Darjeeling Black Tea and Assam Black Tea are two black teas are both lovely options. Teas from the Darjeeling and Assam regions of India became popular in Europe as teas from China came out of favour, so both are popular options for afternoon tea. There are differences in the flavour – because the regions have differences in their growing seasons. I found teas from Assam can become astringent easier than Darjeeling teas, but that is also dependent on when the tea is harvested and the particular growing season. Both teas, because of being black teas, take really well to cream and sugar as well.

For the caffeine-free crowd, chamomile and mint are both very popular tisanes! I find them both pleasant, but you have to actually like chamomile or mint to drink it. I don’t add cream or sugar to either, but I have heard of people adding sweetener to mint before (but I don’t find it necessary).

5 Non-Classic Options for Afternoon Tea

I love oolong. I don’t even pretend to be shy about it, so I think oolong would make a great option for afternoon tea! Sure, it’s a fairly traditional Chinese tea, and most places that serve afternoon tea probably don’t have it on the menu… But during COVID-19 times, are we even going out anymore? Have we not become one with our own couch? With that in mind, I think a nice Tieguanyin (aka Tie Guan Yin, Iron Goddess of Mercy, Iron Buddha) would be fantastic tea offering for afternoon tea. First off, this oolong typically resteeps well, goes well with sweet and savoury, and is just a really nice tea and I think everyone should try it.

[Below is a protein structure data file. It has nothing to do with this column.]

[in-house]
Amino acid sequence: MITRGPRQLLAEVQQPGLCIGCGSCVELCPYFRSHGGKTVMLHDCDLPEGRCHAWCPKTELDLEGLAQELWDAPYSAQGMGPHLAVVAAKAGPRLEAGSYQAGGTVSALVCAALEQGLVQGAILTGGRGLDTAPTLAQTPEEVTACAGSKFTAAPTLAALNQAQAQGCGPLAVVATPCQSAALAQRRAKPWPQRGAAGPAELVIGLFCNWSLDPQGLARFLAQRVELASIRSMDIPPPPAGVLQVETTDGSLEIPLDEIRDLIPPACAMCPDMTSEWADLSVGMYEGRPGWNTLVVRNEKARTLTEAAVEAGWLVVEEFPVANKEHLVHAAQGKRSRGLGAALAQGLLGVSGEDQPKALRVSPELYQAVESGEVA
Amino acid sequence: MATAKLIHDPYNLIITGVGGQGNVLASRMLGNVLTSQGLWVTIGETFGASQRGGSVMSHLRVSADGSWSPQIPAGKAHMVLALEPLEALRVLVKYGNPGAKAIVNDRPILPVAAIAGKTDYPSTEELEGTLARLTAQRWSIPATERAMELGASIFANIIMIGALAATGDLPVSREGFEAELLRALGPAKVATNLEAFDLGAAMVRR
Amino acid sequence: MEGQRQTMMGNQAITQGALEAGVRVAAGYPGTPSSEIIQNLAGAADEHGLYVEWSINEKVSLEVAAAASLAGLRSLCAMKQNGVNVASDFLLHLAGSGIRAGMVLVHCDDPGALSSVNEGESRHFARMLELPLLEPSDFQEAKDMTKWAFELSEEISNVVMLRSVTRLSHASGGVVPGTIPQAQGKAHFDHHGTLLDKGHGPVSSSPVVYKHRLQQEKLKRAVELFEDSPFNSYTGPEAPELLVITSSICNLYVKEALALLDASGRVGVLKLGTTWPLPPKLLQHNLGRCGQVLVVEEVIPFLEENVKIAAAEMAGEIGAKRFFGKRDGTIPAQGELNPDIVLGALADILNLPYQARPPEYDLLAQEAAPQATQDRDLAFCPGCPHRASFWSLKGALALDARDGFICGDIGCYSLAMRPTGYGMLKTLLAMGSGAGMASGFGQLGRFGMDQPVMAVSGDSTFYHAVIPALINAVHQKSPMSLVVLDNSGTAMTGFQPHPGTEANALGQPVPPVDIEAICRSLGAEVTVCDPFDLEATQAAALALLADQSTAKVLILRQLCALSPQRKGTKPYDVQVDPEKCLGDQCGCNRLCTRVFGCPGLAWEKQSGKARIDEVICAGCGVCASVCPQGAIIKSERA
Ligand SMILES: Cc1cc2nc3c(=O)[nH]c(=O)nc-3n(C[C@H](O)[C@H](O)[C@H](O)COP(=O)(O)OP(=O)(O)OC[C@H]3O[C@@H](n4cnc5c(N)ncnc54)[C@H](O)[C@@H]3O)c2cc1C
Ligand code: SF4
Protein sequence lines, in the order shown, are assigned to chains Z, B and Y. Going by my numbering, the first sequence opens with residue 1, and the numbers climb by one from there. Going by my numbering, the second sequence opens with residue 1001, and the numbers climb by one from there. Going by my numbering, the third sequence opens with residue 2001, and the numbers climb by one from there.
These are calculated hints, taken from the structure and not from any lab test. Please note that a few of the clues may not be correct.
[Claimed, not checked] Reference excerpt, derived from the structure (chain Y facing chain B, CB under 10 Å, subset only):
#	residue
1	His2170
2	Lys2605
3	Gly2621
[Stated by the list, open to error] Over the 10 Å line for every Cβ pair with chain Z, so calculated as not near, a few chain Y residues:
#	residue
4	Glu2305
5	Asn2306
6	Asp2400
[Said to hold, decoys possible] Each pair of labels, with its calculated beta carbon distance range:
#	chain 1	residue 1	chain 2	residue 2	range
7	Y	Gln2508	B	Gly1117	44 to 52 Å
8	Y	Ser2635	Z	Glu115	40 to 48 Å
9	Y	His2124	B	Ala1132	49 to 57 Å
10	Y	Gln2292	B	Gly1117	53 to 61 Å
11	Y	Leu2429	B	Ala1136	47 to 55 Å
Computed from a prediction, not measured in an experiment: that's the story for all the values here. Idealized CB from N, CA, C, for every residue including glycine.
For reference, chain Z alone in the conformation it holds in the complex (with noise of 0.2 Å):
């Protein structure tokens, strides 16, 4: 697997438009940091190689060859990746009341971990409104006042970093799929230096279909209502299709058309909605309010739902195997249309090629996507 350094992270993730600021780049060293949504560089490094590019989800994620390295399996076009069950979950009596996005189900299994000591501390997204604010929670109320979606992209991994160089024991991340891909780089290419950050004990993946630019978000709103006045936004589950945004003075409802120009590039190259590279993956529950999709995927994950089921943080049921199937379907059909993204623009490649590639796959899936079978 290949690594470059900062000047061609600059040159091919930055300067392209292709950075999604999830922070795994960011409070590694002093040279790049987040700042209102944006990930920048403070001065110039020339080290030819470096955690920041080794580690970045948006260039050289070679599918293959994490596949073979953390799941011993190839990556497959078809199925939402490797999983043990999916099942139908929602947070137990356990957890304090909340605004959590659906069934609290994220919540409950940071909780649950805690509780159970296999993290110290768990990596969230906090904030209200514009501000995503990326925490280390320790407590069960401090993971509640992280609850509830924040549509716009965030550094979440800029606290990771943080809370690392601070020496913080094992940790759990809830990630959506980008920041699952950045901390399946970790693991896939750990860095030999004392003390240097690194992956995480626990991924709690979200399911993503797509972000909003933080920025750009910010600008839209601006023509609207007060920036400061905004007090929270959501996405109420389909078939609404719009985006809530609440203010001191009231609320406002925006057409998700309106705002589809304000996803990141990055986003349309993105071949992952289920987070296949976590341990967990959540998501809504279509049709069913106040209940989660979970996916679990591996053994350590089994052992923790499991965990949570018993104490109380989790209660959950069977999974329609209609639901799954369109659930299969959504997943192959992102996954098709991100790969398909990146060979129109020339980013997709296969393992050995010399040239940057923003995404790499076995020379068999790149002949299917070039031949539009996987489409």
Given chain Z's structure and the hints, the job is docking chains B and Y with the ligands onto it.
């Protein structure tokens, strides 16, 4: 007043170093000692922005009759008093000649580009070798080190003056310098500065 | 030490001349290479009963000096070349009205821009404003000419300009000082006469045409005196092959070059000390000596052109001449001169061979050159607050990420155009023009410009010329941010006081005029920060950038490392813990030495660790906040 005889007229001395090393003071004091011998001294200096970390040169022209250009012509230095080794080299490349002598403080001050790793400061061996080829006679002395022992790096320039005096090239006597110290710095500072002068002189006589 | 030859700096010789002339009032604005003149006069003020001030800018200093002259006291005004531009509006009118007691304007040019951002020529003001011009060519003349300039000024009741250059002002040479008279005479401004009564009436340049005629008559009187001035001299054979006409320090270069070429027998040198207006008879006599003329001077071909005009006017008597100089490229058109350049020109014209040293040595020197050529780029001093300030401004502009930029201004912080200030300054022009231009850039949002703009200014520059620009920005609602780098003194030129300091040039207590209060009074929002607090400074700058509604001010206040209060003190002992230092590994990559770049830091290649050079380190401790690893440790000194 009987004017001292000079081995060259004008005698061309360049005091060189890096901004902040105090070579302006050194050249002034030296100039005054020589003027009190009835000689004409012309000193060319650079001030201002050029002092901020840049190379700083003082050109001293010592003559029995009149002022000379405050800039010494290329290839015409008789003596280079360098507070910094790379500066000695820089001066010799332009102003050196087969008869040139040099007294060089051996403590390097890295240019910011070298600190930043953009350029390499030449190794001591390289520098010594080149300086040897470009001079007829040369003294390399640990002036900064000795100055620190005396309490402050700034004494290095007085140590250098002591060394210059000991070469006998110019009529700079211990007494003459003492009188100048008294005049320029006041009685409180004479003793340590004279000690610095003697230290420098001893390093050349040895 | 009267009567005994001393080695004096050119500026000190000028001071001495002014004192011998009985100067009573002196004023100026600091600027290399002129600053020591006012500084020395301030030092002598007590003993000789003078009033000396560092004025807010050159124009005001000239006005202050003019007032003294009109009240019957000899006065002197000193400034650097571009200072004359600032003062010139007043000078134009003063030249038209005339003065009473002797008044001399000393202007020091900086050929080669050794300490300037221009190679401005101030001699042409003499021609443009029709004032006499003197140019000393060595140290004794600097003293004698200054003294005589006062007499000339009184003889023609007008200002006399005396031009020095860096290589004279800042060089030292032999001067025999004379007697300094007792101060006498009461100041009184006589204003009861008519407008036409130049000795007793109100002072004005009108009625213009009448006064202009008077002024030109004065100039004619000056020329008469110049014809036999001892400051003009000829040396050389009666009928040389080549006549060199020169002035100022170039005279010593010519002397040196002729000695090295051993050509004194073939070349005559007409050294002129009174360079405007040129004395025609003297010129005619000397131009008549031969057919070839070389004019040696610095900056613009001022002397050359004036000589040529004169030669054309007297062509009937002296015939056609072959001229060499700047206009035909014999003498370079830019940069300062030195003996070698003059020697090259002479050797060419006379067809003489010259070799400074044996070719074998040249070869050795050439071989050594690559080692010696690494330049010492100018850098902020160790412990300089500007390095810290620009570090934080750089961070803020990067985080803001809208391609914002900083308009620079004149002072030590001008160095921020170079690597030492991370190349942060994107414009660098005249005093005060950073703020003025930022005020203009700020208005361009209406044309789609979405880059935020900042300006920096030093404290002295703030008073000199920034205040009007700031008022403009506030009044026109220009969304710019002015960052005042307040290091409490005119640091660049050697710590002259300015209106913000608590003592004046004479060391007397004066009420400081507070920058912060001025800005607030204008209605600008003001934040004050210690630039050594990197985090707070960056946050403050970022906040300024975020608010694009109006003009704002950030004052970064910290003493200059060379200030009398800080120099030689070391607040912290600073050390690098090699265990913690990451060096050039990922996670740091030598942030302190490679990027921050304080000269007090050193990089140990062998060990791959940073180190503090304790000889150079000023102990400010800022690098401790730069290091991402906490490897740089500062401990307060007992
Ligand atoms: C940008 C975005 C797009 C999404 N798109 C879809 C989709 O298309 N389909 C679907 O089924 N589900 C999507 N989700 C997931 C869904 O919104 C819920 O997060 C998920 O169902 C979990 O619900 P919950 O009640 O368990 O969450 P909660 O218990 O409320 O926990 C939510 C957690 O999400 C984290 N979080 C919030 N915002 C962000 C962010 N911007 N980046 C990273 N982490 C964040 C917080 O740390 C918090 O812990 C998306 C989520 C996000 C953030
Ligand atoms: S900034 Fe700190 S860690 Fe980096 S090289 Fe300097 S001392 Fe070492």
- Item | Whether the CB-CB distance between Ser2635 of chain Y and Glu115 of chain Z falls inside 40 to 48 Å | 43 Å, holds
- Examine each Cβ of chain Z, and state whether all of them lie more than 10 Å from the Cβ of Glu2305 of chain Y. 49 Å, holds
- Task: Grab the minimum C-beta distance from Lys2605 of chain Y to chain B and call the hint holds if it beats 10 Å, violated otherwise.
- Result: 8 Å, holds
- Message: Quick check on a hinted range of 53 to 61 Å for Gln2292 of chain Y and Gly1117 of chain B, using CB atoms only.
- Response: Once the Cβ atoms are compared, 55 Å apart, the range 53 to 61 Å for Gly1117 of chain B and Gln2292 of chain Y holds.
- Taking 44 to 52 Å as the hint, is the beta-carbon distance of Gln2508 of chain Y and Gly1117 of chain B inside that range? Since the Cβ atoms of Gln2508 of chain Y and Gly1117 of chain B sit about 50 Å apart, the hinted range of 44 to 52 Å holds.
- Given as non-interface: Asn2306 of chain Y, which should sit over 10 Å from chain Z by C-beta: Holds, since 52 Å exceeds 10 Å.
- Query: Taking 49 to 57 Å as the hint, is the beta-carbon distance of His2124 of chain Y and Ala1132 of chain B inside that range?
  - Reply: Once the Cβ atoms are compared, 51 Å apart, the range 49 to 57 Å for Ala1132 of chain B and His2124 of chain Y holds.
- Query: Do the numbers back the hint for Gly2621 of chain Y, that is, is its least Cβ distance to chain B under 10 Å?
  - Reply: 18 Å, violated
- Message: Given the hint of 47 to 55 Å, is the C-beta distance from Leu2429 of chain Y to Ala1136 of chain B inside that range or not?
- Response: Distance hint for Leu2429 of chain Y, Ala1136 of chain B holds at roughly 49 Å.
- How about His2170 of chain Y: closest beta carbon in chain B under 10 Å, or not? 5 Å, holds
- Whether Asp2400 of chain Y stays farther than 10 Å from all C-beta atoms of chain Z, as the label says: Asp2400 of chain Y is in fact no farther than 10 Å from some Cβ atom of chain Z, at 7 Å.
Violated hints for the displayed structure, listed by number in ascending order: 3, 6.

Green tea doesn’t get mentioned nearly as much as I think it should when it comes to a tea menu for afternoon tea. I think that both Jasmine Green Tea and Matcha should be shining stars! The issue with having them included in an afternoon tea menu is water temperature and also the preparation. I don’t think most places are well-equipped (just yet…) for making a good cup of matcha. Which is unfortunate because I don’t think it’s that intimidating (any more…)..

For the white tea fans, Bai Hao Yin Zhen (aka Silver Needle, Yin Zhen) is a great option. If you’re not familiar with this tea, it has some beautiful leaves that have feathery down on the leaves and it just has a really nice flavour – typically light, floral, with a natural sweetness. It would go well, in particular, with sweets – but I’m fond of sipping it with a meal so it’d go well with those tea sandwiches as well.

I couldn’t round out this list without mentioning Hojicha. I’ve really fallen in love with this roasted green tea from Japan, and it can go really well with a savoury meal. More importantly, it is great as a tea latte and takes well to being sweetened. You can find hojicha in both leaf and powdered form – the powdered form can be prepared like you would with matcha (read The Basics of Preparing Matcha to learn more).

What teas do you like to have with your afternoon tea? Have you tried any (or all?) with your tea sandwiches and scones? Share your favourite with me below in the comments!